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Scanning 35mm negatives

Discussion in 'Everything Film' started by Gibson67, Aug 13, 2019.

  1. Gibson67

    Gibson67 Active Member

    Hi all

    I’ve recently got back into film photography and was hoping fellow members could give me a little advice. I’d like to scan my negatives once processed and have digital copies to share on social media, Flickr, Instagram etc. I’m a little unsure the best route to take?

    I don’t have a scanner, but do have a decent DSLR a Nikon D5300 with a 18-55 kit lens aswell as a few vintage 50mm primes. I was planning on buying an artists light box placing the negative slides between two sheets of glass placed on top of the light box. My question is could I purchase a macro tube for my Nikon, or do I need a dedicated macro lens? I do also own a Fujifilm X10 with a macro feature allowing me to focus in to about 2cm. Given my Nikon is 24mp camera am I correct this is the camera I should be using over the Fuji?

    Assuming I can get decent results with my current kit, what free software would I need for conversion? I’m currently using Capture one express Fuji & Nikon Capture NX D. Lastly! Would a DSLR set up give me as good, or better results than purchasing a cheap older scanner like an Epson V200 or V330?

    Thanks in advance

  2. PeteRob

    PeteRob Well-Known Member

    I don't see why your plan wouldn't work. You don't need true macro unless using a full frame camera. One sheet of glass should suffice, I suppose glass for negative carriers is still available, on a photographic light box. Inverting the image involves compensating for the colour mask then inverting the colours. I'd be surprised if there were not profiles available.

    Curiously the comment column in AP this week bemoans the death of the scanner.
  3. Andrew Flannigan

    Andrew Flannigan Well-Known Member

    I've done this a few times so this might help...
    1. See if you can source a spare film carrier from any film scanner (7 day shop used to do them for a few quid). Scanner carriers are glassless because the last thing you want is to add 4 more surfaces - unless you really like removing dust spots.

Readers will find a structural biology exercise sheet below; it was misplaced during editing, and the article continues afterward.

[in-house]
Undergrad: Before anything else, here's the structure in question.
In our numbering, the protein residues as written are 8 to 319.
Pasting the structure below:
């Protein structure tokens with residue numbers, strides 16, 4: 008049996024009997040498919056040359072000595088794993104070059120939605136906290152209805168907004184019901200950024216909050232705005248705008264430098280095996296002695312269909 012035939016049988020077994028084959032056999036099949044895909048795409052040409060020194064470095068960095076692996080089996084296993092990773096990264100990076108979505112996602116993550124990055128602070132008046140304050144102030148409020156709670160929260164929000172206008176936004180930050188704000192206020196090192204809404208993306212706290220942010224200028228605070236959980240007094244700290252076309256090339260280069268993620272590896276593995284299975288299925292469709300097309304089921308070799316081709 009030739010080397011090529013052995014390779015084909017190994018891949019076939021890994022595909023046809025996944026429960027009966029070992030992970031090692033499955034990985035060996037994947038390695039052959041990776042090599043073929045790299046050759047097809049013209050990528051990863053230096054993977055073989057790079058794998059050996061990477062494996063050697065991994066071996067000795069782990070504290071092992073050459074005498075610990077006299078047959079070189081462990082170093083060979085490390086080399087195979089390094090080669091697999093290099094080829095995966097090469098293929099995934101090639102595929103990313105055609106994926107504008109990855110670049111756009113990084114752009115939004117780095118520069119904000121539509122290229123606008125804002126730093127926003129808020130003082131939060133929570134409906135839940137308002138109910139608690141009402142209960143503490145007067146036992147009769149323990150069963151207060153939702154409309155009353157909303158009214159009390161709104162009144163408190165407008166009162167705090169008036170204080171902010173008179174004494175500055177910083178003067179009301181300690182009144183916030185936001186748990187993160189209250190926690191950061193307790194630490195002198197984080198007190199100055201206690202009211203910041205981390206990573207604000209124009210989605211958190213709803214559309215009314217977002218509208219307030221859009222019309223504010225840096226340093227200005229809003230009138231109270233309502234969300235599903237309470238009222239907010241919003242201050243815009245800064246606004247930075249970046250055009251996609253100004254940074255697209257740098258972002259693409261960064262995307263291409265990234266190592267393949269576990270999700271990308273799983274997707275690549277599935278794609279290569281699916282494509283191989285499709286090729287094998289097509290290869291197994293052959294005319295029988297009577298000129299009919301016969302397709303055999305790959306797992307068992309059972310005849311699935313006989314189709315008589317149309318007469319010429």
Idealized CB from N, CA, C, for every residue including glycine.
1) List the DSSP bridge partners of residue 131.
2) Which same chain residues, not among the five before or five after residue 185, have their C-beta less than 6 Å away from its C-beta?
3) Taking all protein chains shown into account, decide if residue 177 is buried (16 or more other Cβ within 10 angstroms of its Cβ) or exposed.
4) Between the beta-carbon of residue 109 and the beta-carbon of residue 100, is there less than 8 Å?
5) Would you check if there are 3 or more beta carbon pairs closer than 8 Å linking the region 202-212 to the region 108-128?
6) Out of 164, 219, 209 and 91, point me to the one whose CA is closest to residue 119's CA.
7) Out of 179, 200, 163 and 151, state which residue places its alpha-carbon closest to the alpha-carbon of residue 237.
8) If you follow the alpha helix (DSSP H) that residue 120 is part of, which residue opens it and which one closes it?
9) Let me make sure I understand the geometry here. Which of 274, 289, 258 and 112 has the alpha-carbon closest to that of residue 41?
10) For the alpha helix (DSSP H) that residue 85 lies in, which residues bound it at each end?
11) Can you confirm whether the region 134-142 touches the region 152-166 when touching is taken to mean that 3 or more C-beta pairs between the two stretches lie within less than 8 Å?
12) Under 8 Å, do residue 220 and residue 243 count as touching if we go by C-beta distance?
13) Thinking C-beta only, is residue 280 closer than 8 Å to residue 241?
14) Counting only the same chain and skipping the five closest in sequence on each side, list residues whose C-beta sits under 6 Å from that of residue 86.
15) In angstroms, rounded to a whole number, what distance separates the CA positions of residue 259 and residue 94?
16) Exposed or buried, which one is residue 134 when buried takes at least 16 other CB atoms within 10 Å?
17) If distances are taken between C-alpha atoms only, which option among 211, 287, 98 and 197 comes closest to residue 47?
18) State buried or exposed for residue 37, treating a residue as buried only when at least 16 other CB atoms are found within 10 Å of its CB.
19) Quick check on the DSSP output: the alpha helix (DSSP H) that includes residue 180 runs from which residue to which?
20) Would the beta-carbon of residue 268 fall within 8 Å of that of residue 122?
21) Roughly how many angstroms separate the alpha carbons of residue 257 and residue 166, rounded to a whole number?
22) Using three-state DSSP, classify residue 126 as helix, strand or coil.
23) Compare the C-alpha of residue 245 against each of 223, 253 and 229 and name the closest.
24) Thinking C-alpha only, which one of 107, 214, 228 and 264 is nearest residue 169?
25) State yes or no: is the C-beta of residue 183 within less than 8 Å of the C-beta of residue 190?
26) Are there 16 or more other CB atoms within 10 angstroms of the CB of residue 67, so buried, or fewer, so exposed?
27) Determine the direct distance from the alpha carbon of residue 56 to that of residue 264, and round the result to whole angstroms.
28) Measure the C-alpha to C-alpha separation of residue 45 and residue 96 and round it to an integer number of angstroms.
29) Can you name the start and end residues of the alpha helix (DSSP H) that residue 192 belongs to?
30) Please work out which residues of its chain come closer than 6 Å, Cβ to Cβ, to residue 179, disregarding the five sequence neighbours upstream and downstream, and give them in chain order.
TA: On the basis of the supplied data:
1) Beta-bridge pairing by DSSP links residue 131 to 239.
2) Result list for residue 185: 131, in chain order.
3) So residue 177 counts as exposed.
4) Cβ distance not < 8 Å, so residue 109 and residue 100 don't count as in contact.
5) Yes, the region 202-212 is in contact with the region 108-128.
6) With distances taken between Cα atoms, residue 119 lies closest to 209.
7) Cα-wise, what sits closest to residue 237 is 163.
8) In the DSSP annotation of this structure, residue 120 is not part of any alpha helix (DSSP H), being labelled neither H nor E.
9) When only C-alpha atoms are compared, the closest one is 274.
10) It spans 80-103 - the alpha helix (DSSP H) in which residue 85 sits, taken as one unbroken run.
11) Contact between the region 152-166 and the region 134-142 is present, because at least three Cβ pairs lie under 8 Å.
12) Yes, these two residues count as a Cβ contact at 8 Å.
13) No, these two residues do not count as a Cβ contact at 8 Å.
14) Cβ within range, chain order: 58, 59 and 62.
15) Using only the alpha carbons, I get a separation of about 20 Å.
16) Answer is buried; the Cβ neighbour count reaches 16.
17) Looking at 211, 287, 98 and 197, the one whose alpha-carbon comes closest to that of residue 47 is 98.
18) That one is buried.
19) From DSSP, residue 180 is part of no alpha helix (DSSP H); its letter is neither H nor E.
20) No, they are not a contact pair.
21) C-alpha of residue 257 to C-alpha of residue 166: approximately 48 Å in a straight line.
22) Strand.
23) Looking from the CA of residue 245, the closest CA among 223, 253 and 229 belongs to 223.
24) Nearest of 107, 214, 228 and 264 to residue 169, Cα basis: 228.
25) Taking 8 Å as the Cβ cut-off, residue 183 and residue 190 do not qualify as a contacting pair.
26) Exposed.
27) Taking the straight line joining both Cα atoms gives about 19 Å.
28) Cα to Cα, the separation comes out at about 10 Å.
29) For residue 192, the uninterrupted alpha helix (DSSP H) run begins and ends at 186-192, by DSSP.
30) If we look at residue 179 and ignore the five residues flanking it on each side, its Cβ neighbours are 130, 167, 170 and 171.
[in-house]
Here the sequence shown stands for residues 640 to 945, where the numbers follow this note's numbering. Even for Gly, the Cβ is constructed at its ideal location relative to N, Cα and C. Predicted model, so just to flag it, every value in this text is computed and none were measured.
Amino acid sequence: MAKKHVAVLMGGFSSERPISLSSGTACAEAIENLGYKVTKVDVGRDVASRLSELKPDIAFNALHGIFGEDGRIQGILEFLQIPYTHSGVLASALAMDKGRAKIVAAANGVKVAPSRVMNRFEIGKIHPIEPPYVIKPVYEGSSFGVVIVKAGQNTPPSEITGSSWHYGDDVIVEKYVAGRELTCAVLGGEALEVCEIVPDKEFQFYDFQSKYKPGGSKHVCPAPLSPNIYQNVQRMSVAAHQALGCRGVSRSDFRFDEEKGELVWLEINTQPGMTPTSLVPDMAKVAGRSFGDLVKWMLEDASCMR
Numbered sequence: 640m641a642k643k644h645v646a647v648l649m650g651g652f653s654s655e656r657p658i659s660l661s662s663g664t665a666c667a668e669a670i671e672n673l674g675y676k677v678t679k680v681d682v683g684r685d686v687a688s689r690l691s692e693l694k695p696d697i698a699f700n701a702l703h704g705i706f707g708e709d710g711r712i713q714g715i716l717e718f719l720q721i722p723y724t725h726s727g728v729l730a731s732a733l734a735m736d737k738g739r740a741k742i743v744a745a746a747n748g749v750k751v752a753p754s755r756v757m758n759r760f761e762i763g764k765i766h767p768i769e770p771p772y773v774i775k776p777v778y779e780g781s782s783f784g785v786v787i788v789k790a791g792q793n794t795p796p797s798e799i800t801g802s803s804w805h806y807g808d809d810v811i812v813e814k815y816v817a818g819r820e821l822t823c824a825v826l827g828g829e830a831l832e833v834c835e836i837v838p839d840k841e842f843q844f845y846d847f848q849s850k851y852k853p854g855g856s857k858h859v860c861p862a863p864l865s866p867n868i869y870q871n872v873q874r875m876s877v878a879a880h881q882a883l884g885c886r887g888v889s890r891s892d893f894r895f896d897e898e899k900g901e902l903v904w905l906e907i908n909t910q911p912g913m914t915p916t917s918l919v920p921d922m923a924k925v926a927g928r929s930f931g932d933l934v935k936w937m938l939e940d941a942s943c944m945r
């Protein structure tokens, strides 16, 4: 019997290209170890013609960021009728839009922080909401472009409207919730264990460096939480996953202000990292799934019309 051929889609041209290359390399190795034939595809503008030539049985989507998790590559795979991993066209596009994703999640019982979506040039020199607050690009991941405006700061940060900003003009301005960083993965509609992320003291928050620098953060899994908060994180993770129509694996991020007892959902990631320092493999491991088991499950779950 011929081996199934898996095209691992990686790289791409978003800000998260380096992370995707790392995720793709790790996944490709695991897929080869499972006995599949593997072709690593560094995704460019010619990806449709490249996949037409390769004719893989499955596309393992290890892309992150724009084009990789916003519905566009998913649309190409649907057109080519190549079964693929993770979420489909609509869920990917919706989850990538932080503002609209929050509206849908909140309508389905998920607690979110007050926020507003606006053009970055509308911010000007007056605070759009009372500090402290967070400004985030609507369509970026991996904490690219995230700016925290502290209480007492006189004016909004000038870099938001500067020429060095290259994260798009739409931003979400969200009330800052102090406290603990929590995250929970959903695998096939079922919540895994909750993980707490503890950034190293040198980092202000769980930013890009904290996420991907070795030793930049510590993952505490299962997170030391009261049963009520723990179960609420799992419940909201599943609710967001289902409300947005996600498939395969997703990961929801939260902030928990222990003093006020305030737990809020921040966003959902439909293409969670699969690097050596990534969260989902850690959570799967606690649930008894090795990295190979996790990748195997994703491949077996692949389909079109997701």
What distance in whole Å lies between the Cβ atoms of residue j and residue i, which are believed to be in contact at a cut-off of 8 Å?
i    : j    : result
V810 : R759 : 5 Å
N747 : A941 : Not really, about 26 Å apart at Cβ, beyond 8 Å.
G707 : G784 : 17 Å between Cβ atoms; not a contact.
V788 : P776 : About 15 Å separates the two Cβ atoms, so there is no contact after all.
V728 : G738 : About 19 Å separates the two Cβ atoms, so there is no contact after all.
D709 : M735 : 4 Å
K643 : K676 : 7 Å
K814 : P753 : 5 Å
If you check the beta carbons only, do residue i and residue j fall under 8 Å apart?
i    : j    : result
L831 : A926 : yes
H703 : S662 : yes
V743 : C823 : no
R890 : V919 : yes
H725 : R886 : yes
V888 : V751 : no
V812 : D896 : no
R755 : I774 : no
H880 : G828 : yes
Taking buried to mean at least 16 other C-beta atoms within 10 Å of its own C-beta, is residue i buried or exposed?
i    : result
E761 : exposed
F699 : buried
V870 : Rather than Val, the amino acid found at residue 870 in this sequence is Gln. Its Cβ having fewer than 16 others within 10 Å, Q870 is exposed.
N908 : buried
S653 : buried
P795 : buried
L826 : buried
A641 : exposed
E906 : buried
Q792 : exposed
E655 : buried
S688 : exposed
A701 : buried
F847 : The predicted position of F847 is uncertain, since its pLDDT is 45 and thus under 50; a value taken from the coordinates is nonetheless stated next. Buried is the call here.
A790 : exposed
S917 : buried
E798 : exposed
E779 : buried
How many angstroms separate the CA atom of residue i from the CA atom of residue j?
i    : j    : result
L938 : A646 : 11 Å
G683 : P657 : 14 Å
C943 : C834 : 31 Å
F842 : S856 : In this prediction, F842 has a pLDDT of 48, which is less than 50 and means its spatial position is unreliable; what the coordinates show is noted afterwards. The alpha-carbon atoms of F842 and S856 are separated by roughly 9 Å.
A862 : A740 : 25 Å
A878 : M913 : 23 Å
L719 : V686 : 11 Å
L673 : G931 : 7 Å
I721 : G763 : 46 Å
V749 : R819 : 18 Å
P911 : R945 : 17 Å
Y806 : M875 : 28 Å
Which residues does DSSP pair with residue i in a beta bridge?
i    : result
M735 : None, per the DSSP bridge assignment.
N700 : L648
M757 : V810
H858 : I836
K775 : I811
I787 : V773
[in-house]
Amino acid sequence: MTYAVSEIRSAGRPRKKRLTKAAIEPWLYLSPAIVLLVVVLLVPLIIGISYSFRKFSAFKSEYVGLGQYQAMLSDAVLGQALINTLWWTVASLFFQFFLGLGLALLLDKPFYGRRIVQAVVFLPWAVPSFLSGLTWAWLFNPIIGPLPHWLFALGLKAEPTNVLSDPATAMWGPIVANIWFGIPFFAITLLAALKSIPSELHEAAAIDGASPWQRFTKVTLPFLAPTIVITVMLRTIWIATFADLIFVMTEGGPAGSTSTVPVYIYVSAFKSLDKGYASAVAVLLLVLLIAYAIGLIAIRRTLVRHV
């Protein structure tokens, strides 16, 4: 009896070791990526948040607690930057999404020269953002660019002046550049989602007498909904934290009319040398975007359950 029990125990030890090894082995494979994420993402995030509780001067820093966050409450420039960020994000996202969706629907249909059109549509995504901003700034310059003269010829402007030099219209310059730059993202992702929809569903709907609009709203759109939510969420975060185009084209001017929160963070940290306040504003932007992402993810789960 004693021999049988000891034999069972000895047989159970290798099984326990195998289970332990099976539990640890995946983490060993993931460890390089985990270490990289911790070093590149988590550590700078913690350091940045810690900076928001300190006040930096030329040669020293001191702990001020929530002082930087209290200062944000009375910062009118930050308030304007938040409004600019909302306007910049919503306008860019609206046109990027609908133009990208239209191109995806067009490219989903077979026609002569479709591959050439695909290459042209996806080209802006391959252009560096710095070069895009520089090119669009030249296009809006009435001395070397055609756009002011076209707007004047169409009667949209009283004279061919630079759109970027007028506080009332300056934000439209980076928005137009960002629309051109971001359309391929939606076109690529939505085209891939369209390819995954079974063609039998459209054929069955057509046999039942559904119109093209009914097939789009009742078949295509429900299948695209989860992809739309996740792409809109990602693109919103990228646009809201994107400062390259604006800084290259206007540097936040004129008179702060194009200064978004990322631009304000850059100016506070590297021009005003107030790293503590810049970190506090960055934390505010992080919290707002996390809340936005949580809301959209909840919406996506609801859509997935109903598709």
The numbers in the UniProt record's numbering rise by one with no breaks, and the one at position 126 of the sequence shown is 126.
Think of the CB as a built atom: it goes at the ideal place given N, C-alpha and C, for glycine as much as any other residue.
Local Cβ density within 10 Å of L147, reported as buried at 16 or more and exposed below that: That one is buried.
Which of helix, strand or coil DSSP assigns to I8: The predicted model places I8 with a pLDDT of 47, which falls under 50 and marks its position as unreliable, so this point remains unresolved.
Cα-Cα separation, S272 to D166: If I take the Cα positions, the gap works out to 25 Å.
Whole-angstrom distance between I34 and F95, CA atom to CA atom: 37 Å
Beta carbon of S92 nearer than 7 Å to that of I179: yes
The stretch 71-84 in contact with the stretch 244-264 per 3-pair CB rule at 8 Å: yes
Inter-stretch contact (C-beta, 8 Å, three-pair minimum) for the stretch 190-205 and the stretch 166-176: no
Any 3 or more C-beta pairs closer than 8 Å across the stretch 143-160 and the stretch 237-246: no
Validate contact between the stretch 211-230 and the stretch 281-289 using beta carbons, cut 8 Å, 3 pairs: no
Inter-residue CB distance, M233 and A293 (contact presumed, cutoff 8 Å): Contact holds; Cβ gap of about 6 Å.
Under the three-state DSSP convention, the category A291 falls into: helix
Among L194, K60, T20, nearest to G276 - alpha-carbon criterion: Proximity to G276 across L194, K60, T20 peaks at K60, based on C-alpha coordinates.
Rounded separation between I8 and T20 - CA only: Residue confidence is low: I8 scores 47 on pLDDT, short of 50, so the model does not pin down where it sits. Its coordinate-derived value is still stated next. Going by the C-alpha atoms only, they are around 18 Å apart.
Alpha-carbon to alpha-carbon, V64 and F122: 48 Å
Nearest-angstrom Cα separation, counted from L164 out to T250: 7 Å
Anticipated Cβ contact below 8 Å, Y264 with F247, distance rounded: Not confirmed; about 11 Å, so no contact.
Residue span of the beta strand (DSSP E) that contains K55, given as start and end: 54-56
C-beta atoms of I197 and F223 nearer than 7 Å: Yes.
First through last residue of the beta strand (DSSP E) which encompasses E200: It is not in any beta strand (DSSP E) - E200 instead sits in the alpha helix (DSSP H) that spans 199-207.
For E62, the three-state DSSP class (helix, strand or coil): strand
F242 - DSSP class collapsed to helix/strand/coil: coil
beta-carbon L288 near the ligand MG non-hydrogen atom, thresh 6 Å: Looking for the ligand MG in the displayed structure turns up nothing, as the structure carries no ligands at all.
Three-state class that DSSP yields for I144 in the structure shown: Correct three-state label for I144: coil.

2. The D5300 will do a grand job. I've used a D5100 and it worked OK. (I generally used a FF Canon but that's just me).
    3. The ideal way to do this is to get some cheap Nikon fitting macro bellows. They don't need to be all that good because if you're only using 35mm you'll be able to set them up once and lock them in place.
    4. The 50mm primes should do a fine job. If you happen to have a 35mm prime around that might be even better as you're using a crop format camera but you'll probably manage ok without it.
    5. Set the D5300 to 'A' mode and stop the lens down to f8. That should work nicely.
    6. See how you get on with the software you've got. If it doesn't manage download the GIMP - it's free and works fine.
    7. Make sure the tripod or other support you're using is rigid.
    I think that's about it. Some samples:

    From a Nikon FM2n...

    Canon Eos 1996 07-21.jpg

    From a Canon Eos 5...

    Nikon FM2n 1996 08-01.jpg

    From a Canon F1...

    Canon F1 Ilford Film 1996-13_ 21.jpg
  4. londonbackpackr

    londonbackpackr Well-Known Member

    Yes , is the easy answer, even the newer flatbed scanners can have problems, especially if the film is cupping. Lomography do a scanning mask which is pretty good but tends to be OOS a lot and is £30.

    You also need to make sure the camera is 100% parallel to the film mask, or you'll get distorted scans.

    OM10 with HP5+
    [​IMG]Temple Church, Middle Temple by George Griffin, on Flickr

    OM10 with T-Max 400
    [​IMG]DSC_5218_edited-1 by George Griffin, on Flickr

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